“If I were writing a short-answer question like this, I would be clearer that this is what I expected.”

Dr. Cook is a Principal Teaching Fellow (and also the holder of a PGCE) at London Imperial. He says, “If I were writing a short-answer question like this, I would be clearer that this is what I expected.”

I shared my opinion with Dr. Cook that marking point 7 (the balanced equation) isn’t required by the question and he states, “Completely agree that the equation bit is nonsense: if that is what they wanted (e.g. because an ILO is “be able to write a balanced equation”), then they should have asked for that explicitly in the question text.”

I asked Dr. Pennington her thoughts on the mark scheme: “A student would be able to get high or full marks by mentioning the correct buzzwords without any real context.” Says Dr. Pennington. She goes on to state, “This mark scheme encourages learning the syllabus off-by-heart and nothing more.”

Nutritionist: Megan Pfeffer

Oct Nov 2013 Q

I spoke to Megan Pfeffer, a degree-qualified clinical nutritionist and founder of I Choose Health, a classic IGCSE question: “Explain the term balanced diet.” For this three mark question Megan scored zero, as she mentioned none of the points in the mark scheme. She stated in her answer that a balanced diet “is one that takes into consideration health status, age, race, culture… [and other factors]”, but she didn’t define “diet”.

oct nove 2013 MS

When I discussed her answer and the mark scheme she said, “The word ‘diet’ implies molecules for metabolism… ‘Balanced’ is the word seeking definition in the question, not, “what does ‘diet’ mean” .”

I recognise that this is merely an interpretation of the question, but that fully demonstrates my point. Her interpretation was valid and her answer based on that interpretation was also valid. If a qualified nutritionist interpreted the question like that, is it fair to penalise students who do the same?

Perhaps the question should read, “Define the term diet and explain what it means for a diet to be balanced.” This would perhaps take some of the mystery out of the process.

OB/GYN Physicians: Dr. Leslea Walters and Dr. Ruth Ann Crystal

Lastly, I took a simple question on pregnancy, and asked a few medical practitioners to respond with what they thought were appropriate answers. The question reads, “Explain why it is especially important for pregnant women to include milk and dairy products in their diet.”

pregnancy q

Dr. Leslea Walters scored two out of two by mentioning calcium being needed for bones.

Screen Shot 2019-02-10 at 19.35.27

Dr. Walters highlighted a major weakness in the question: that dairy products do no have to be consumed to provide calcium. She comments, “That is a question made based on an answer. But the answer to the question itself is much more broad.” She goes on to say, “A student whose knowledge is limited to what was taught may find the answer to be obvious, but a student with broader knowledge could be misled and lose points for knowing more!”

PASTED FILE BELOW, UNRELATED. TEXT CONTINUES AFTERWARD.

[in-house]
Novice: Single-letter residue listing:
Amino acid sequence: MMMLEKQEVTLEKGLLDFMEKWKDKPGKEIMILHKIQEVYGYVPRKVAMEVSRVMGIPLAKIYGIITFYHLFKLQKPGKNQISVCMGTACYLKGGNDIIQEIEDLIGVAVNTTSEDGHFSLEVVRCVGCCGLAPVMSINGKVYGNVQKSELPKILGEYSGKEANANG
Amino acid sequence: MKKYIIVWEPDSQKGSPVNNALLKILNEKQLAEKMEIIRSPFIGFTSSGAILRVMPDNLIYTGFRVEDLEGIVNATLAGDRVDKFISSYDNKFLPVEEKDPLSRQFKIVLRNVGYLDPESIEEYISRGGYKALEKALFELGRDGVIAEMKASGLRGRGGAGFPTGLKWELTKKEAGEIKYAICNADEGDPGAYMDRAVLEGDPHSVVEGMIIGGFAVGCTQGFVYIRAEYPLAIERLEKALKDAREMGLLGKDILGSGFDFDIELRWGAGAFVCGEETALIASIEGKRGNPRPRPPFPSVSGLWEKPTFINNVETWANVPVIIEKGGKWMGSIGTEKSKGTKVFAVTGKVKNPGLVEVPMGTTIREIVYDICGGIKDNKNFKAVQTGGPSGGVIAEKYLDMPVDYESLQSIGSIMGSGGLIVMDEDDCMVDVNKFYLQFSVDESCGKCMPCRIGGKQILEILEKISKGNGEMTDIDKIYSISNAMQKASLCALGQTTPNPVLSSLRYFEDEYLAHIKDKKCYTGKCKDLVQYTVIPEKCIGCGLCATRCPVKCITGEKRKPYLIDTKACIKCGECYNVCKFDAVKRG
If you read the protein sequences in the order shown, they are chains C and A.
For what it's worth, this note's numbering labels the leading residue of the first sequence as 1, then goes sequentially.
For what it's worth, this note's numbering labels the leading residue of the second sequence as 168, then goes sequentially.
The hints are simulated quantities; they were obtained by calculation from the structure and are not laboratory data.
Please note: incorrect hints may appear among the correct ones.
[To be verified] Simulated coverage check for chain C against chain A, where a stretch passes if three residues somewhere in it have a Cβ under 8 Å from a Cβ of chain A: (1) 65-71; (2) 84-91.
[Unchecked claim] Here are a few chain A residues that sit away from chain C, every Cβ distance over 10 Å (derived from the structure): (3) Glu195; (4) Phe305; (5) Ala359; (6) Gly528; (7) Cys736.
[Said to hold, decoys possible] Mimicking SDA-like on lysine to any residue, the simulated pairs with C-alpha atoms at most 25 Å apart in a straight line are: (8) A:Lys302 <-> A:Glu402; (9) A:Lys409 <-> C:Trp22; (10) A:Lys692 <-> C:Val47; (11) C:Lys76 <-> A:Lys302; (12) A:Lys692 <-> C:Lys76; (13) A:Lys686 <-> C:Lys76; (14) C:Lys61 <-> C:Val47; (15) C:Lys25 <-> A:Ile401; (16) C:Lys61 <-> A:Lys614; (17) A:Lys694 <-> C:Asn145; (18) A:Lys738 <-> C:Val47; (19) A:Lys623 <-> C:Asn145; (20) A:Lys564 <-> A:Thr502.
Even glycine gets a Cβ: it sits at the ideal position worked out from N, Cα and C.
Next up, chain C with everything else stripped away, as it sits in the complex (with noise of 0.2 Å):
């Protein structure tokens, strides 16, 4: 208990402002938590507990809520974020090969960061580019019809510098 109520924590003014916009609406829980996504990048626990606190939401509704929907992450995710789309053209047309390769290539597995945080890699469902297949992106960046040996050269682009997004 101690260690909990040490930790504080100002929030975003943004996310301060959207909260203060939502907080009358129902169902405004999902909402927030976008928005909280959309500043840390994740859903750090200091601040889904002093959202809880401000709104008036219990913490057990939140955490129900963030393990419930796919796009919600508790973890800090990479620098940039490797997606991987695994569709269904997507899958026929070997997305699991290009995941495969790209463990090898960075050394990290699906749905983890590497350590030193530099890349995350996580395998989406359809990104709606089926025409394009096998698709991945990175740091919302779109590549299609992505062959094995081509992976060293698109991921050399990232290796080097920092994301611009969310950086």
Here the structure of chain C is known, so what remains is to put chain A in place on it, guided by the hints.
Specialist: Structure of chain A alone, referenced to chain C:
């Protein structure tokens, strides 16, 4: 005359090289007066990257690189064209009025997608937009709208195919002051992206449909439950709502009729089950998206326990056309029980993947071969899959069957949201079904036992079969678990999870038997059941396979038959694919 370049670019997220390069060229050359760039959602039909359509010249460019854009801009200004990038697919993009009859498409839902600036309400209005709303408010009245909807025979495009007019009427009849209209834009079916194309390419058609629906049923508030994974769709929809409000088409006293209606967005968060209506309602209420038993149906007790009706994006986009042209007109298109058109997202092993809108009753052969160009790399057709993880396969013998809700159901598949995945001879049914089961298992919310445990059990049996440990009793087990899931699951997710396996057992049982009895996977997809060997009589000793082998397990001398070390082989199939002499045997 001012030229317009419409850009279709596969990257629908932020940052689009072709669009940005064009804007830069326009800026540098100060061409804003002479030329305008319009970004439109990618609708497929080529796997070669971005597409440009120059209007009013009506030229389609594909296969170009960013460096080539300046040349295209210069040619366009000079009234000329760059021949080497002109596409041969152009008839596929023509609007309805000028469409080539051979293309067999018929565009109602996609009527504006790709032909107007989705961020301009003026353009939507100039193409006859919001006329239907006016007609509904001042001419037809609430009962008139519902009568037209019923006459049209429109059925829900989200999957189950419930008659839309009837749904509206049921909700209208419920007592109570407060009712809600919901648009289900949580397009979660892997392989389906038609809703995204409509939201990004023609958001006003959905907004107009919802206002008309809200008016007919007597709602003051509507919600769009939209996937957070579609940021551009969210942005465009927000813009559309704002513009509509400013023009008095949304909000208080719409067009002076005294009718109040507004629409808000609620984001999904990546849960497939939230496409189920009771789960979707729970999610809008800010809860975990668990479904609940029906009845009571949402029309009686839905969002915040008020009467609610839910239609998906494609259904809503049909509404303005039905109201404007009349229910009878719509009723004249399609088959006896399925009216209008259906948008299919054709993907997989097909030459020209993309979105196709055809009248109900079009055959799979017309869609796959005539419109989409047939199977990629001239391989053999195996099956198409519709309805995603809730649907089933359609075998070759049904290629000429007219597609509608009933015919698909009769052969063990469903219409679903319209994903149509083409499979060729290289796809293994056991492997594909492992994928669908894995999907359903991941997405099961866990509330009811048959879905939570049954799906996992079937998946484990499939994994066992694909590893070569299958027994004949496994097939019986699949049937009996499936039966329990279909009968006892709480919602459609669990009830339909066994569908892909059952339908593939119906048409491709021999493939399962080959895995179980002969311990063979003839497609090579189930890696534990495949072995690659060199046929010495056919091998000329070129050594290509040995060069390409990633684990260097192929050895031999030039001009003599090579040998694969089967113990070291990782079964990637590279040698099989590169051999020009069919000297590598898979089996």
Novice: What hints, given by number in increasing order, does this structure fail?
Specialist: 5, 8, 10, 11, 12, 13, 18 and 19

Dr. Ruth Ann Crystal scored only one point out of two with the answer, “…for the calcium (and protein) in the diet because the fetus will take the woman’s calcium.” To break her statement down, I feel she’s stated the need for dairy (it contains calcium), and explained it (the fetus will take it from the mother). These are two appropriate marking points, in my opinion, making a suitable two mark answer to the question. However, the absence of any mention of “bones” or “skeleton” means she can’t gain the second mark.

“It’s not a good question. It is a “read my mind” question.”

Dr. Crystal states, “I would say it is not a very well worded question. If they want you to talk about the bones, they should ask what it could affect in the mother which would be loss of calcium in the bones (and possibly the teeth)… “It’s not a good question. It is a “read my mind” question.”

As if reading my mind, Dr. Crystal stated, “If a board certified Stanford trained Ob/Gyn physician could only get 1 point on this question, I don’t expect that high school students could do any better.”

Nail on the head, Doctor, nail on the head.

What are your experiences?

Share your thoughts. Are you getting frustrated with the same problems in assessment? How is it affecting your students? Reach out to me and Twitter (@science_sauce) and share your opinions. #BrokenAssessment